Continued positive use of social media can significantly improve your self-esteem. The key is to focus on the positive interactions you have. These could be with friends, family, or even strangers. Receiving compliments and support from others helps you feel good about yourself.
A Broadened Sense of Community
Social media makes you feel connected to a community, whether a group of friends, co-workers, or people with similar interests. When you interact with others online, you share your thoughts and experiences. These interactions make you feel like you belong to something bigger. As a result, you're less lonely, even if you don't have many friends in real life.
A Boost in Mood
In general, social media use is linked to a boost in mood. When you interact with others, and they respond positively, it improves your outlook on life. Additionally, looking at happy posts from friends or family reminds you of the good in your life. It offsets negative emotions caused by challenging experiences.
A Way to Connect With Loved Ones
If you live far away from family or friends, social media provides an easy way to connect with them. You’ll stay up-to-date on their lives and feel close to them. You can participate in family events, like a baby shower or graduation, video call, and share experiences anywhere in the world.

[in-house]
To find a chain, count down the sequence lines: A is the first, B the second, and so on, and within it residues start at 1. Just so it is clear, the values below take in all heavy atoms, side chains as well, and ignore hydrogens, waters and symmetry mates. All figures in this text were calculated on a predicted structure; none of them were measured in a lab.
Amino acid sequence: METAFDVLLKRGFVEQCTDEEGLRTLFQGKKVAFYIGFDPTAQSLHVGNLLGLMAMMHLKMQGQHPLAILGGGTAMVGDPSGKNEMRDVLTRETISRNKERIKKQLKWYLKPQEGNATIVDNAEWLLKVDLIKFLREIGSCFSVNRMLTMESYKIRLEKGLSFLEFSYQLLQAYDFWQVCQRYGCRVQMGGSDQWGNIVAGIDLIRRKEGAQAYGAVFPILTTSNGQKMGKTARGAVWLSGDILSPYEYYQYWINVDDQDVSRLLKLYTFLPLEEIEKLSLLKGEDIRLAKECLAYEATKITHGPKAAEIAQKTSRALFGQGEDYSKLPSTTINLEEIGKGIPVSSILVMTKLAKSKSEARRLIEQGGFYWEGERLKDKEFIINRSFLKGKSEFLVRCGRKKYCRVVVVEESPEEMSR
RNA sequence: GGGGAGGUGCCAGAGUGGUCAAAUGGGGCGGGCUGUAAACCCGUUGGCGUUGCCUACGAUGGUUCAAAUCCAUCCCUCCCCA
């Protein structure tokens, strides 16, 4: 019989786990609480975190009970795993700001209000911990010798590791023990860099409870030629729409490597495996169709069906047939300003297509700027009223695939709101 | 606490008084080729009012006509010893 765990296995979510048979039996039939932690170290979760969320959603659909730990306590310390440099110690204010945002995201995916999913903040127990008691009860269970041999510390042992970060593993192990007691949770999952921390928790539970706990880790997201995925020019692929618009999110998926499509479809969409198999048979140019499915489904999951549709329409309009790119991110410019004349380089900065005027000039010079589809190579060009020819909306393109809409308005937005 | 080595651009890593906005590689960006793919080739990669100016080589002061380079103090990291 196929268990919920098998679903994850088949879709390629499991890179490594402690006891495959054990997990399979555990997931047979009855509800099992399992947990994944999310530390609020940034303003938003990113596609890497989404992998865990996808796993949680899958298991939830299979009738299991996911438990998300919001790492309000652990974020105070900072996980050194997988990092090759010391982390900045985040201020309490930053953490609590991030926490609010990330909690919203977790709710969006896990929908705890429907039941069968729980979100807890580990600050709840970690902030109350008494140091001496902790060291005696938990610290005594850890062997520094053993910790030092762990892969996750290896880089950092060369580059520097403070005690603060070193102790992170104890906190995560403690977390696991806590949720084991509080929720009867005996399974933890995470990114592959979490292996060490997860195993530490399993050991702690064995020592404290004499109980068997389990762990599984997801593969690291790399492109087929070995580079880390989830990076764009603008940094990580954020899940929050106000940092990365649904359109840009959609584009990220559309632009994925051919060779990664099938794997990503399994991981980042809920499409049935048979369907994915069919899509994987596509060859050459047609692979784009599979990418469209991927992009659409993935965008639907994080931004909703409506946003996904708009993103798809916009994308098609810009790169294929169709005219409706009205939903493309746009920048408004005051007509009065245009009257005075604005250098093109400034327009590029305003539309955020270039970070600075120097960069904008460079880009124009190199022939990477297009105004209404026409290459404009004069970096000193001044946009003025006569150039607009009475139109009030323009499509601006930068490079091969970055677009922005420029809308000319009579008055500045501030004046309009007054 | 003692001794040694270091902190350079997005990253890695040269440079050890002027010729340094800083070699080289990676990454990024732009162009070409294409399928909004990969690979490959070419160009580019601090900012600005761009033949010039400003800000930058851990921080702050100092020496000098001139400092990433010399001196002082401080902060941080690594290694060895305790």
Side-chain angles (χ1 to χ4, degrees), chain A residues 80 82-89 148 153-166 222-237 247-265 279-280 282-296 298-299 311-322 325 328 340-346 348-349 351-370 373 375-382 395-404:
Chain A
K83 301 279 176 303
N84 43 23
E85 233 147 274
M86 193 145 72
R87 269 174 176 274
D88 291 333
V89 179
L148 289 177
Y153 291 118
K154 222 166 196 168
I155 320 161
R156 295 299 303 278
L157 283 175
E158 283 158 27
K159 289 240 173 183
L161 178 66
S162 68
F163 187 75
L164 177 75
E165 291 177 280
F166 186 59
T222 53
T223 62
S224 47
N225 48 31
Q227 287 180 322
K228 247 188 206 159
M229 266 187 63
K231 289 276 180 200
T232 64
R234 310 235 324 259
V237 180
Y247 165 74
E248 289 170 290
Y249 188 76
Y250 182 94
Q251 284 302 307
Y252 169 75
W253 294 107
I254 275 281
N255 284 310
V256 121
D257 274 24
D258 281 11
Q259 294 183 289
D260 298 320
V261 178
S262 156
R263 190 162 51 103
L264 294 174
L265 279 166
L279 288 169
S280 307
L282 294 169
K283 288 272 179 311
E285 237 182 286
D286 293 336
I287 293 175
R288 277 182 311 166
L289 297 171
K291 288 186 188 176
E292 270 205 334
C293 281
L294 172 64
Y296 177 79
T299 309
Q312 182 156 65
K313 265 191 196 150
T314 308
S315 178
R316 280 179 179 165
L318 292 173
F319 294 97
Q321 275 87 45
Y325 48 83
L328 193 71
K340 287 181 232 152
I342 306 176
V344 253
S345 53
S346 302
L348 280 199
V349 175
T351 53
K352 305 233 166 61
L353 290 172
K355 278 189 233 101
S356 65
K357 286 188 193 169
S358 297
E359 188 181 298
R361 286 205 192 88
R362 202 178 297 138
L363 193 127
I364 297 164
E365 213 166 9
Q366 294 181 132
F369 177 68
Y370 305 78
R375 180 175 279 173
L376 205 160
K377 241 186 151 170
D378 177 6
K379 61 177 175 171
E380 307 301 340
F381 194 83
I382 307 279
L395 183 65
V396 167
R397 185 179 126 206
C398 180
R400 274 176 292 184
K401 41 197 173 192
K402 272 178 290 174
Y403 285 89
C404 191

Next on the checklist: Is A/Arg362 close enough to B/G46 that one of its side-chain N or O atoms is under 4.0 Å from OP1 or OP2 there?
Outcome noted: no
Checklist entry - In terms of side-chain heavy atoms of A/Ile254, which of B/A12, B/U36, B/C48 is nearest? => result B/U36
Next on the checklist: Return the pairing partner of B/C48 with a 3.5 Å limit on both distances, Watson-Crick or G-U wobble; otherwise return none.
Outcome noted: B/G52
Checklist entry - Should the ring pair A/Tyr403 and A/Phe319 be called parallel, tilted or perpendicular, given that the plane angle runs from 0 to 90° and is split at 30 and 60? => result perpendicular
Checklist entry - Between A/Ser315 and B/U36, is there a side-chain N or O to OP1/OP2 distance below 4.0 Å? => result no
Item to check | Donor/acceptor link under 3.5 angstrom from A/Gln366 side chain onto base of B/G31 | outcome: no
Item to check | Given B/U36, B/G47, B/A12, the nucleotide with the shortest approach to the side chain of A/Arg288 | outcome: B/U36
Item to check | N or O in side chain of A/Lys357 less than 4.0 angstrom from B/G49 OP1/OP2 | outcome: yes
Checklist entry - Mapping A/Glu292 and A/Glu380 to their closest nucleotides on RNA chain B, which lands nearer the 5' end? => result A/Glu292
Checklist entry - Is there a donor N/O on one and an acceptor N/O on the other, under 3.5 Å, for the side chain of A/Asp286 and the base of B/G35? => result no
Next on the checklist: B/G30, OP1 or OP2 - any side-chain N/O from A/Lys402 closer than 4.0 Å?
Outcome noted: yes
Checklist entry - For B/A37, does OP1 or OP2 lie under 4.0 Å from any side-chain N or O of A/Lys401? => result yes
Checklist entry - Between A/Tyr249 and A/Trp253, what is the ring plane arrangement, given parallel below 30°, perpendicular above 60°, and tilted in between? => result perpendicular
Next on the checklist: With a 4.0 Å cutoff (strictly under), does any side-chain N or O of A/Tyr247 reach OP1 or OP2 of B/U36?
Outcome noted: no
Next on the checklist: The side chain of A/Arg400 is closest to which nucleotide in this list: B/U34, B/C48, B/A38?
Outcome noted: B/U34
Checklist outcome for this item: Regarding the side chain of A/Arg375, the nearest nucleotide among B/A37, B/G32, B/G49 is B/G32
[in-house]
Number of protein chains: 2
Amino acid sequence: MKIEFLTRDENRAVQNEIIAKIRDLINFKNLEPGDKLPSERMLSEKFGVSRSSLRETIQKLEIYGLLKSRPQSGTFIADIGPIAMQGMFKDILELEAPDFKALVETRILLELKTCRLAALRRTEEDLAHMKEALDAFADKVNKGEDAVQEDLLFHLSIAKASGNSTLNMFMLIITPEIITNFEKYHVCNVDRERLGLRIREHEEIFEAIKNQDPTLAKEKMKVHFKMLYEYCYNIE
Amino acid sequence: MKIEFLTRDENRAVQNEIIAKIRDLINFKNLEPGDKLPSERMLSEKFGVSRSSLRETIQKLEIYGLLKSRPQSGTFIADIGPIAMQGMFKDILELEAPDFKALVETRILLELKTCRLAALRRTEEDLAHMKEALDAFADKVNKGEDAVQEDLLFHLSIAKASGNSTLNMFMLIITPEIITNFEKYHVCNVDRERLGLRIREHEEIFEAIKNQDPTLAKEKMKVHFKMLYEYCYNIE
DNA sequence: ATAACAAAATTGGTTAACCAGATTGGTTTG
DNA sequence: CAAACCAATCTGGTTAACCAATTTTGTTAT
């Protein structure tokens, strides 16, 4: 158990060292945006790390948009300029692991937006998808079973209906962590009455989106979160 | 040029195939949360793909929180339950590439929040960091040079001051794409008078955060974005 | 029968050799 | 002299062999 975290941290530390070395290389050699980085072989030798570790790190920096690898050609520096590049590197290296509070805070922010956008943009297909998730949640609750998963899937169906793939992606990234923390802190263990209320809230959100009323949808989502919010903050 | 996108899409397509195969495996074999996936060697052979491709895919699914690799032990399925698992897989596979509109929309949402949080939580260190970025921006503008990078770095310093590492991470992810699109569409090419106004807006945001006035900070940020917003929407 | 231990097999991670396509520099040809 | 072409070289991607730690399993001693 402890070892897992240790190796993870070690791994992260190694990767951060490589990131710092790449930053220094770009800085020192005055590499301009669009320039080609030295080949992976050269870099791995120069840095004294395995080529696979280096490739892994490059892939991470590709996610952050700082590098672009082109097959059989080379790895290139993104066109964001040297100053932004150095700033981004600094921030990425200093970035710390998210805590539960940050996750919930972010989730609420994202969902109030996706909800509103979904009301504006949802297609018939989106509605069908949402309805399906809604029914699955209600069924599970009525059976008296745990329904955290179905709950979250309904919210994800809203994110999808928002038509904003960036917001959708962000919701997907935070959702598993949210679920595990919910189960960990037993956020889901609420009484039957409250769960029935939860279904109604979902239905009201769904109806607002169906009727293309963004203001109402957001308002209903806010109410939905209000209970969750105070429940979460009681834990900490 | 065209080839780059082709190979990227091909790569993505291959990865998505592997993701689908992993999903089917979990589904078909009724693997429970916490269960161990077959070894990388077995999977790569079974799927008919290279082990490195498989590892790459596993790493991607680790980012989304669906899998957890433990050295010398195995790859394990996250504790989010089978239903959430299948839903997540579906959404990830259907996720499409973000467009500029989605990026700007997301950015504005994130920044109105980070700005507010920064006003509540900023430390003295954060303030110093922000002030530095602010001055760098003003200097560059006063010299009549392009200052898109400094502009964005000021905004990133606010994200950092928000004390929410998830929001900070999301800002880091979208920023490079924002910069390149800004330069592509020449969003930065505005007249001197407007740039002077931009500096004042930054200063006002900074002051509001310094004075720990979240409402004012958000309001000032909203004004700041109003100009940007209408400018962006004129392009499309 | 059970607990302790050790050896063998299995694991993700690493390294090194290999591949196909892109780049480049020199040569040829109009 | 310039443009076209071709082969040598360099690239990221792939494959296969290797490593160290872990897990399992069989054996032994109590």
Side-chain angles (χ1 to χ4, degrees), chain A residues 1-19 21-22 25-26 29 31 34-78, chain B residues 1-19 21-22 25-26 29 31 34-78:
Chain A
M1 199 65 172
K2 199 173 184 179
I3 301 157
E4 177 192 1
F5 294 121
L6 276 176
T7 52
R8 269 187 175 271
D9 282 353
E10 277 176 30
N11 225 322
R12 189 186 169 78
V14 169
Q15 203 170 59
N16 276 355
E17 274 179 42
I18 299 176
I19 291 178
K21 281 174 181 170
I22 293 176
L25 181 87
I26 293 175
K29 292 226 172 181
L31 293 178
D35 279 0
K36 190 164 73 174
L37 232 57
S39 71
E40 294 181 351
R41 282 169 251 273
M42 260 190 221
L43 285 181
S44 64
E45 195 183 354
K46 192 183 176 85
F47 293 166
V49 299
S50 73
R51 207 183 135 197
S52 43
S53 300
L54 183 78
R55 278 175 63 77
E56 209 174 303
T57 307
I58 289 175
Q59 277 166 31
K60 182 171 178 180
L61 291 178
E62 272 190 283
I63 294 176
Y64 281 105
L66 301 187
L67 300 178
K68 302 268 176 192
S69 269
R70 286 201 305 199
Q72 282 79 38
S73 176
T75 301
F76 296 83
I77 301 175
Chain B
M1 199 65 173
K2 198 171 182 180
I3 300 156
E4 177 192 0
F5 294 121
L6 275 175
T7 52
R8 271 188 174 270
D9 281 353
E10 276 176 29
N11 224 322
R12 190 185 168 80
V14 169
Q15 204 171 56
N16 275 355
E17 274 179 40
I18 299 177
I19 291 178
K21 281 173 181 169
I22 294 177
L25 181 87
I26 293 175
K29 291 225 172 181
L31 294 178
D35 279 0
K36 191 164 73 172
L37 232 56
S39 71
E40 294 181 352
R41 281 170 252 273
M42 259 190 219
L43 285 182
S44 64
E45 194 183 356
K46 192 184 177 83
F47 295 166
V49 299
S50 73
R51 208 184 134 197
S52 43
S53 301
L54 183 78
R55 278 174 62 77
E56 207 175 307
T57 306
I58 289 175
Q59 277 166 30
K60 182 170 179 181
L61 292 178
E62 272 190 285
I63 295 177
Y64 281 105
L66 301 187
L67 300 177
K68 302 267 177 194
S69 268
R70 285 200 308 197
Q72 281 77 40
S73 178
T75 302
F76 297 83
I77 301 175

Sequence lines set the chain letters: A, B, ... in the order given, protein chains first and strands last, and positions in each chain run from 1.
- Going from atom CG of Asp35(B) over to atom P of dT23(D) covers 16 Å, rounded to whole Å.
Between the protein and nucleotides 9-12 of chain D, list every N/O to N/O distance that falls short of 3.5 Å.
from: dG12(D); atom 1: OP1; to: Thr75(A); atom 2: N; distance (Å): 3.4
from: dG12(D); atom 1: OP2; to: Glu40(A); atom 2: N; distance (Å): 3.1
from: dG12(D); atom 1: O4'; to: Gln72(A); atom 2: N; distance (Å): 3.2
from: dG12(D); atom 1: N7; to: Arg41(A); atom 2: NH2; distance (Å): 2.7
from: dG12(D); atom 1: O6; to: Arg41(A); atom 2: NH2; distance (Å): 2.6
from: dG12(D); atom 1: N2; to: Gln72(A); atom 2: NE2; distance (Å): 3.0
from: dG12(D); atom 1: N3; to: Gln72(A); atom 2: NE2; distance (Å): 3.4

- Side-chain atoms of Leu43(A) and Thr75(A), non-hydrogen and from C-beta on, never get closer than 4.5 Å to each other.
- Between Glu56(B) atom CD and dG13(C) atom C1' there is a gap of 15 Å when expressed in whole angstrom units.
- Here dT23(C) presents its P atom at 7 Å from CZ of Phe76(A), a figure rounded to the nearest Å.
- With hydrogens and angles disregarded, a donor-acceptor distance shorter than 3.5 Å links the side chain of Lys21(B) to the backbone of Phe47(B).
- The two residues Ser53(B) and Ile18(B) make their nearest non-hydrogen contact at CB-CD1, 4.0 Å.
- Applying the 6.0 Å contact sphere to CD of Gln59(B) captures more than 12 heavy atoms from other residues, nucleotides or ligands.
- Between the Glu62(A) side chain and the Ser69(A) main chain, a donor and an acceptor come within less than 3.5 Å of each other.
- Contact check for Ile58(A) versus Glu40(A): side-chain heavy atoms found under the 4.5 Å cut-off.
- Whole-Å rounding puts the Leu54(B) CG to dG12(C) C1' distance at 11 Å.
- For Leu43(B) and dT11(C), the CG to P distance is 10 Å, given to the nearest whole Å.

A Source of News and Information
Social media can also be a great way to get your news and information. You can follow news organizations, journalists, or influencers in your industry. This way, you're always in the know. Just be wary of what you are reading, as not everything that you read on the internet is true, there is a lot of misinformation out there. If you are looking for news, stick to reputable sources, not other people’s opinions.
Improved Communication Skills
Because social media promotes constant communication, it sharpens your communication skills. You learn how to express your thoughts and feelings clearly. You also know how to respond to others respectfully and helpfully. You can apply these skills in both your personal and professional life.
Focus on The Positive Aspects Of Social Media
Social media provides a creative outlet for you to express yourself. You’ll connect with others, learn new things, and stay up-to-date on current events. However, limit your social media use. Otherwise, it can negatively impact your mental health. Take breaks, set limits, and focus on the positive aspects of social media to stay mentally healthy.
This article was written for WHN by Ashley Lipman, blogger and health advocate.
Opinion Disclaimer: The views and opinions expressed in this article are those of the authors and do not necessarily reflect the official policy or position of WHN/A4M. Any content provided by our bloggers or authors is of their opinion and is not intended to malign any religion, ethnic group, club, organization, company, individual, or anyone or anything.
As with anything you read on the internet, this article should not be construed as medical advice; please talk to your doctor or primary care provider before changing your wellness routine.
Content may be edited for style and length.
Materials provided by: